Accuracy of data critically important
Amber Vibeto, Minot
If we are going to use data to justify putting small businesses and restaurants out of business, keeping families away from dying loved ones, imprisoning the elderly in long-term care facilities, keeping kids out of school and sports, forcing people to wear useless and germ-soaked pieces of cloth over their faces, and informing citizens how many people we should invite into our homes for the holidays, then we better darn well be accurate with the numbers.
Why such a sharp decrease in hospitalizations on December 15th? Because masks are working so well? No…just a “data clean-up.”
“Of the 146 hospitalizations whose status was changed from current to discharged, 74 had been discharged in the past two weeks and the remainder were discharged prior to Dec. 1. This was due to a variety of factors, including case managers catching up with follow-up work after a surge of new cases in November; lags in reporting between when patients were actually discharged from facilities to when the NDDoH was notified of the discharges through the Health Information Network; and inconsistent data entry.” – KFYR-TV, Dec 16th
We currently have 148 people hospitalized….in a state with a population of over 760,000 people. Does this constitute a state of emergency? We can’t even be confident of the accuracy of case numbers. Our labs are running tests with high cycle thresholds, which means many of the positive results are inaccurate. We are forcing asymptomatic people and their families to quarantine because of a positive test result when it’s highly likely that they actually do not have COVID-19 or they don’t carry enough viral load in order to infect anyone else.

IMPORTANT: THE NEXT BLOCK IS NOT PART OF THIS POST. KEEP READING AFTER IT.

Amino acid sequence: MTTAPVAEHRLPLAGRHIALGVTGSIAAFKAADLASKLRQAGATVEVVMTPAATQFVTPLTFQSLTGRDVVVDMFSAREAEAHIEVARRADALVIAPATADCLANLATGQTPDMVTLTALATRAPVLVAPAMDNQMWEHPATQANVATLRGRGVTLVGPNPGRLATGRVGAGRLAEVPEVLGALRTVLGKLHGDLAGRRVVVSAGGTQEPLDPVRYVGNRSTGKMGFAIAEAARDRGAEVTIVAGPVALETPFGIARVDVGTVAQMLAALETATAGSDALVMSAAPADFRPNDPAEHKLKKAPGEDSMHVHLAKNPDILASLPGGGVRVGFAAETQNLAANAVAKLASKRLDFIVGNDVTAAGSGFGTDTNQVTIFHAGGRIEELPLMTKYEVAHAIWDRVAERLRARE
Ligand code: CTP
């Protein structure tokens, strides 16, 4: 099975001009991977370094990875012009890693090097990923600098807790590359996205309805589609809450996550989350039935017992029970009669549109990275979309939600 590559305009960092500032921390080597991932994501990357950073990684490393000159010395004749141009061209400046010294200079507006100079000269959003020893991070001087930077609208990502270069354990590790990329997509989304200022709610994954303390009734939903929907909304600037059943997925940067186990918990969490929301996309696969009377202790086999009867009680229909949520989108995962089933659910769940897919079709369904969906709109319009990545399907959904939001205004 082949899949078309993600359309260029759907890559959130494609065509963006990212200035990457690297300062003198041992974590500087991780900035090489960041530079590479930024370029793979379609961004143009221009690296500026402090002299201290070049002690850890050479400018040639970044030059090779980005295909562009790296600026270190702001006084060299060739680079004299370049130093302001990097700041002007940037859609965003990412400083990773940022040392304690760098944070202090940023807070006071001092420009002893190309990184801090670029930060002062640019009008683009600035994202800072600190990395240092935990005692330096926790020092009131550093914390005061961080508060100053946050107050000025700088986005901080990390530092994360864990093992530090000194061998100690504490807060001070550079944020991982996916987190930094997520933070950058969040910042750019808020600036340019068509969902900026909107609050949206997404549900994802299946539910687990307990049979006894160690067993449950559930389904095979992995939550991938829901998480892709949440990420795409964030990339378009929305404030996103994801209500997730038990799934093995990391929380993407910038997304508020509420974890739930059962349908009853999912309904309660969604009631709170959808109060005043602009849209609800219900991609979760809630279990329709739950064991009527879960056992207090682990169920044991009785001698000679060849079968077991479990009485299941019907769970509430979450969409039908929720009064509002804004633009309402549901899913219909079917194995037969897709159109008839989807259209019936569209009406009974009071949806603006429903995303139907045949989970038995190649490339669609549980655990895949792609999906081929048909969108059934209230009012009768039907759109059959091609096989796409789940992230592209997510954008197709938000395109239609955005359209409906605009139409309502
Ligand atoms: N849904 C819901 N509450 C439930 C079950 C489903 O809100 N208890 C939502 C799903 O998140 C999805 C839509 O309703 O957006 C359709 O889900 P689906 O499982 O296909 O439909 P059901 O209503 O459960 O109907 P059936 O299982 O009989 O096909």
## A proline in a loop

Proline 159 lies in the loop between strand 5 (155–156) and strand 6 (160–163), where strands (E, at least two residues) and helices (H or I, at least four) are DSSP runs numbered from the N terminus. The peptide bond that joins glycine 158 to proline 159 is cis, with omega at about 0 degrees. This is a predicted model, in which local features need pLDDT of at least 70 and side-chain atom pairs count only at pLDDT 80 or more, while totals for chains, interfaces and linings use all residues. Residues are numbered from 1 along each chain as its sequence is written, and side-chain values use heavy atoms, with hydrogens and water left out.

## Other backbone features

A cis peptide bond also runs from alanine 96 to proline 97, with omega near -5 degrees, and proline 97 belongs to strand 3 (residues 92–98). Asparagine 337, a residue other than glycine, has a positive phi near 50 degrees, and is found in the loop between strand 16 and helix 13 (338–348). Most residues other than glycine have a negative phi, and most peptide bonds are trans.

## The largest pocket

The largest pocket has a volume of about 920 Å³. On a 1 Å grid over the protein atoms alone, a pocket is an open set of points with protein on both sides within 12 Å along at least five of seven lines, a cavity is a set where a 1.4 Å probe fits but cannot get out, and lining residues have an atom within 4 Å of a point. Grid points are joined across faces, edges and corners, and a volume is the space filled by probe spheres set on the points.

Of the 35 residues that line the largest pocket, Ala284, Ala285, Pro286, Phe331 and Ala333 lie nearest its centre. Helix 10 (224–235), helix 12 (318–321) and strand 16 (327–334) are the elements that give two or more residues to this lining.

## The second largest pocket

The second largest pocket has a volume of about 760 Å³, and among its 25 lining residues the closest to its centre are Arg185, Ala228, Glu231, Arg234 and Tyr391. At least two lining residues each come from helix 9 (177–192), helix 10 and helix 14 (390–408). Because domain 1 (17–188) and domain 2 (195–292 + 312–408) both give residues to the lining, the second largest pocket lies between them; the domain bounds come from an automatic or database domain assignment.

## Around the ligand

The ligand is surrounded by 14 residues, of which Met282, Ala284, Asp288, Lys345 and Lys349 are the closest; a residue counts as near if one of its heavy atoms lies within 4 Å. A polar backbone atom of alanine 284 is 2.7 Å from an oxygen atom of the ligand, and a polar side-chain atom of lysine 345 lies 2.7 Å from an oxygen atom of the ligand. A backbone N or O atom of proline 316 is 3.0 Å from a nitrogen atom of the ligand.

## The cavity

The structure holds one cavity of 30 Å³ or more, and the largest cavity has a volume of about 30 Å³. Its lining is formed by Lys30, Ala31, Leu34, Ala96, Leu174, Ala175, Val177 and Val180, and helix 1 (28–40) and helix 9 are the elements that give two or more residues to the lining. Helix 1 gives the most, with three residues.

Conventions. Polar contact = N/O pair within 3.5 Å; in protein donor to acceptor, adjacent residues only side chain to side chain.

Public health officials offer up guidelines that spell financial disaster for many, while their jobs remain secure no matter how many things they get wrong and no matter how they manipulate the data to save face or justify failing policies. I hope Governor Burgum hears from people on what amounts to either blatant incompetence or the intentional misleading of ND citizens. If he insists on this obsession with testing asymptomatic citizens, then we should follow Florida’s example and require labs to lower and report their cycle threshold so that our case count will be more accurate.
North Dakotans, we do not have to continue keeping our heads down and hoping that someday our rights will be granted back to us whenever our unelected public health officials see fit to do so. Contact your legislators before they head back into session and let them know how Governor Burgum’s executive orders have impacted your life and what you’d like done about it.